Lake Megantic - Quebec's Director of Criminal and Penal Prosecutions (DPCP) will not appeal the not-guilty verdicts reached by the jury in the trial of three former Montreal, Maine & Atlantic (MMA) rail workers for their role in the 2013 derailment and explosions in Lake Megantic.
The DPCP announced its decision in a statement on Friday, saying it had carefully reviewed the questions of law pertaining to the case.
"The prosecutors concluded that in the best interest of the public, the case would not be appealed," said DPCP spokesperson Jean Pascal Boucher.
Boucher said prosecutors had presented all the admissible documents in court and had called on more than thirty witnesses.
On 19 Jan 2018 after a four-month trial and nine days of deliberations, jurors acquitted the three former MMA railway employees charged with criminal negligence causing 47 deaths.
Locomotive engineer Tom Harding, 56, rail traffic controller Richard Labrie, 59, and operations manager Jean Demaitre, 53, were indicted for their roles in the derailment of a runaway fuel train early on 6 Jul 2013.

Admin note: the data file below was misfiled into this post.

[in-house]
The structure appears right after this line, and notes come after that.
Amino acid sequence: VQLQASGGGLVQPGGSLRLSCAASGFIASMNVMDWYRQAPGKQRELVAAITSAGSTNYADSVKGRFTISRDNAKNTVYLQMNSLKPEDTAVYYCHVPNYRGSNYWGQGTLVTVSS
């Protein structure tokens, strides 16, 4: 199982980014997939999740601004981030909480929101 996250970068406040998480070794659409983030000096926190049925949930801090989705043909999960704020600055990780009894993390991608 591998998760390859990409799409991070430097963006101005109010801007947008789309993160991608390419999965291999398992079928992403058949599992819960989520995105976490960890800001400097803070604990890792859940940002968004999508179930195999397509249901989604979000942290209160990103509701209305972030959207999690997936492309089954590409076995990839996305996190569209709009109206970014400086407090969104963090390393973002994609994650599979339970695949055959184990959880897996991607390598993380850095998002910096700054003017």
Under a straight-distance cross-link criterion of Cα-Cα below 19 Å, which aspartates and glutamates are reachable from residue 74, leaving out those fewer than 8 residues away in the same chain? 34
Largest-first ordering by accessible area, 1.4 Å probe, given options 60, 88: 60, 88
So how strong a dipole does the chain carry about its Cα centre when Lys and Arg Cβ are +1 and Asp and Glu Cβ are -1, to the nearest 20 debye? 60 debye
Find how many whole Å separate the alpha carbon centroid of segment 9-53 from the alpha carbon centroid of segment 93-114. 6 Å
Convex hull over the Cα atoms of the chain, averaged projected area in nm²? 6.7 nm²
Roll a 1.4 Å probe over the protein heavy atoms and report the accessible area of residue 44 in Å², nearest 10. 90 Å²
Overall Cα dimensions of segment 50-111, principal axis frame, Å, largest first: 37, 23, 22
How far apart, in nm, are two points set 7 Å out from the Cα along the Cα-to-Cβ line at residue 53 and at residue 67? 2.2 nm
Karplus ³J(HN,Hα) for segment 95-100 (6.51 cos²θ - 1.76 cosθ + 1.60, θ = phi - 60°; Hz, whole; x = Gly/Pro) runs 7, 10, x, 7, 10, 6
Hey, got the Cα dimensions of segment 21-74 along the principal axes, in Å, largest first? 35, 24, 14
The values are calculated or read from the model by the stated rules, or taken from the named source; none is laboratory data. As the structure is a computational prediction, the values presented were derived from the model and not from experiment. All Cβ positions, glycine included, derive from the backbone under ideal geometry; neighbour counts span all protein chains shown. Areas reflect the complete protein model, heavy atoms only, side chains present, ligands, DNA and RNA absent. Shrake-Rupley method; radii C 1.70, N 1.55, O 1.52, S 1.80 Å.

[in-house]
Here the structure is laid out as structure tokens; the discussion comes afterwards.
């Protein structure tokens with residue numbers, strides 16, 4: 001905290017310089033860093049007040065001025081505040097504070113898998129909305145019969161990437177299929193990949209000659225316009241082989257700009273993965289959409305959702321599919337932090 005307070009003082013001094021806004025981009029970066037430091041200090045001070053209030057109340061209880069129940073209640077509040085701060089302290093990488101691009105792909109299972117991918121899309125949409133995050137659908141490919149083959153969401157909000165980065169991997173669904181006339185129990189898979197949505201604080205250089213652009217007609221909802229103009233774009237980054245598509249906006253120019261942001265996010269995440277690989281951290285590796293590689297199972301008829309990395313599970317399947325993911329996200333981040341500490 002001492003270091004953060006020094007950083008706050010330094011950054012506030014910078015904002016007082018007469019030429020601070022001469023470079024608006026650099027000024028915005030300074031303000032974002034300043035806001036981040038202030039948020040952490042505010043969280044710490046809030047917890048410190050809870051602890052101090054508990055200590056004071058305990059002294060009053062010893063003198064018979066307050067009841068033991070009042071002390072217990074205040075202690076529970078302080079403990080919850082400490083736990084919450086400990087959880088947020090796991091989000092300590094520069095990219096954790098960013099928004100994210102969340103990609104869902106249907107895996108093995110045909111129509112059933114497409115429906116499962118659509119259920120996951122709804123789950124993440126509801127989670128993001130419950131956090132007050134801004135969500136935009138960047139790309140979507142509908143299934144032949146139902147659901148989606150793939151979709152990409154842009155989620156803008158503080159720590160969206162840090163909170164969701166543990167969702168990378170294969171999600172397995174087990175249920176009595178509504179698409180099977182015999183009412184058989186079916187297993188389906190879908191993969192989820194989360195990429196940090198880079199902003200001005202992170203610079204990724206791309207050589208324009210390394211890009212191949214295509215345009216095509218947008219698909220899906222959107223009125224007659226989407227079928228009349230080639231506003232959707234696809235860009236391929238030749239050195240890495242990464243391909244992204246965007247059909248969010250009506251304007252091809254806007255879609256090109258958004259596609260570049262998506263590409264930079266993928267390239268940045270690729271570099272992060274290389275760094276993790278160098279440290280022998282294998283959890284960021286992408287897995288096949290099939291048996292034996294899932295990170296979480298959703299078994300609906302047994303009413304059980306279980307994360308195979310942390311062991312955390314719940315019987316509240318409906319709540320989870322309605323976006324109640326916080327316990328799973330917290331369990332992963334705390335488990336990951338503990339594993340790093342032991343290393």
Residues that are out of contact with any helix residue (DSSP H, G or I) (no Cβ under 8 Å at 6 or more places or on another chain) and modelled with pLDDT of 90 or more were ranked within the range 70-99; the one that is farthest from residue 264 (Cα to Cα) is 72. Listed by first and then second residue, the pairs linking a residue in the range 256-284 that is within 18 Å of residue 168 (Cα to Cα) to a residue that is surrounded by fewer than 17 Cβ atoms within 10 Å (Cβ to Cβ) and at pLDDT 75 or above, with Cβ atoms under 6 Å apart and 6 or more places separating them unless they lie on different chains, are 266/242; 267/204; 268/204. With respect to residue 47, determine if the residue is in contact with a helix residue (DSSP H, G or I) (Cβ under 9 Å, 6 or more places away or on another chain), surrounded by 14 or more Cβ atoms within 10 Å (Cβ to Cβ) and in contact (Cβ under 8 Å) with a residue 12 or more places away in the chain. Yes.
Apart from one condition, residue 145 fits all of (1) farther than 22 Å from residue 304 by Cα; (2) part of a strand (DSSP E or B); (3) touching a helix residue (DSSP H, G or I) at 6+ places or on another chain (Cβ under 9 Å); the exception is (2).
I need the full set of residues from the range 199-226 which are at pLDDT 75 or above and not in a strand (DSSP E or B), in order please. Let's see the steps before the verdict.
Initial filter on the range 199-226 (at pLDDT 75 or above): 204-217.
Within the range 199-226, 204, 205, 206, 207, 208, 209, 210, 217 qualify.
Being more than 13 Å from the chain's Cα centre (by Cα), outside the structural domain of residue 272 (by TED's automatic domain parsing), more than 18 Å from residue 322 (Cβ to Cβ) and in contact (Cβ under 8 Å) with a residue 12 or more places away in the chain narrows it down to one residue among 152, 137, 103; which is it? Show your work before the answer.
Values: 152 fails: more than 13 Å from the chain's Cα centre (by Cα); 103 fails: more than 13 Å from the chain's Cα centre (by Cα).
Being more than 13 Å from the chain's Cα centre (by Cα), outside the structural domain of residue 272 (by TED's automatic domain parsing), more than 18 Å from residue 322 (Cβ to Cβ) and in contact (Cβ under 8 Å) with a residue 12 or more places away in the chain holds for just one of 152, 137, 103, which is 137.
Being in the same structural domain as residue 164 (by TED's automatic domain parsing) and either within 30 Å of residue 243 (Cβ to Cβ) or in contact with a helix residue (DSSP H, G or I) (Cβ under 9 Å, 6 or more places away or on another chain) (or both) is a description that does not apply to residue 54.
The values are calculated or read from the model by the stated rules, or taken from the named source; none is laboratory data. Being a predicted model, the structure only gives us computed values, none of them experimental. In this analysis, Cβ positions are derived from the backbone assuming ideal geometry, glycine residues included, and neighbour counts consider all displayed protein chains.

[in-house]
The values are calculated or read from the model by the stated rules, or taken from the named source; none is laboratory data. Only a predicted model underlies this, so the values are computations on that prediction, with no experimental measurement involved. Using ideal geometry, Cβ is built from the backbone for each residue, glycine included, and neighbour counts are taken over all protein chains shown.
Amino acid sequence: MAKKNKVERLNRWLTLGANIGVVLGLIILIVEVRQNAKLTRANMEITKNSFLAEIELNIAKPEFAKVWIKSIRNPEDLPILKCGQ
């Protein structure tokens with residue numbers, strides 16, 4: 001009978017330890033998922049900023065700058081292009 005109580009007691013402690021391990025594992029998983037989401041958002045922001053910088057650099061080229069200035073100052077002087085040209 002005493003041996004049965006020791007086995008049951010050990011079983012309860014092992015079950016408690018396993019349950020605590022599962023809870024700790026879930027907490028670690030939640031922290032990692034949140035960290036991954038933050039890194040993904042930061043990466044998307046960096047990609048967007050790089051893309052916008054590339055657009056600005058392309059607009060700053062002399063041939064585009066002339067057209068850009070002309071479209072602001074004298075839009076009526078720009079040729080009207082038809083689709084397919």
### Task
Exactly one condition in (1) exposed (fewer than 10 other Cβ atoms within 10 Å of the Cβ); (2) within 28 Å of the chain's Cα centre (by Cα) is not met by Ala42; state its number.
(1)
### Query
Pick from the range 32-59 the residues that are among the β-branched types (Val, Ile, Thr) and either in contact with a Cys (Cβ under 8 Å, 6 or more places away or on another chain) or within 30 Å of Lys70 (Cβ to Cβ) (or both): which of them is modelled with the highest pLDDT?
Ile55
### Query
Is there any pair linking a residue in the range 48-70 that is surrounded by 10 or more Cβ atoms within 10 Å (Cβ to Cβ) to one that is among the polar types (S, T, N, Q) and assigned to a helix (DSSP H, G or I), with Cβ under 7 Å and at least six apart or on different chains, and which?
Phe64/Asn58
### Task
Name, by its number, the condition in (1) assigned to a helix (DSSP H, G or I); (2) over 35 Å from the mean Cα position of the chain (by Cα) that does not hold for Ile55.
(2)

Several tankers carrying highly volatile crude oil exploded, turning downtown Lake Megantic into an inferno killing 47 people.
Class Action Suit Still Looming
Harding's defence lawyer, Charles Shearson, says he spoke with his client on Friday after the Crown released its statement.
"He is relieved to be able to put, at least the whole criminal process, behind him and to be able to move forward," said Shearson.
He said an appeal would have been surprising given the trial was before a jury.
"There would have had to be an error in the directives, or in a preliminary decision by his honourable Justice Dumas," he said.
Tom Harding is still a defendant in a class action lawsuit filed against his former employer, MMA, which has since gone bankrupt, as well as Canadian Pacific.
Shearson says since it is a civil suit, it would not carry any criminal charges.
No date has been set.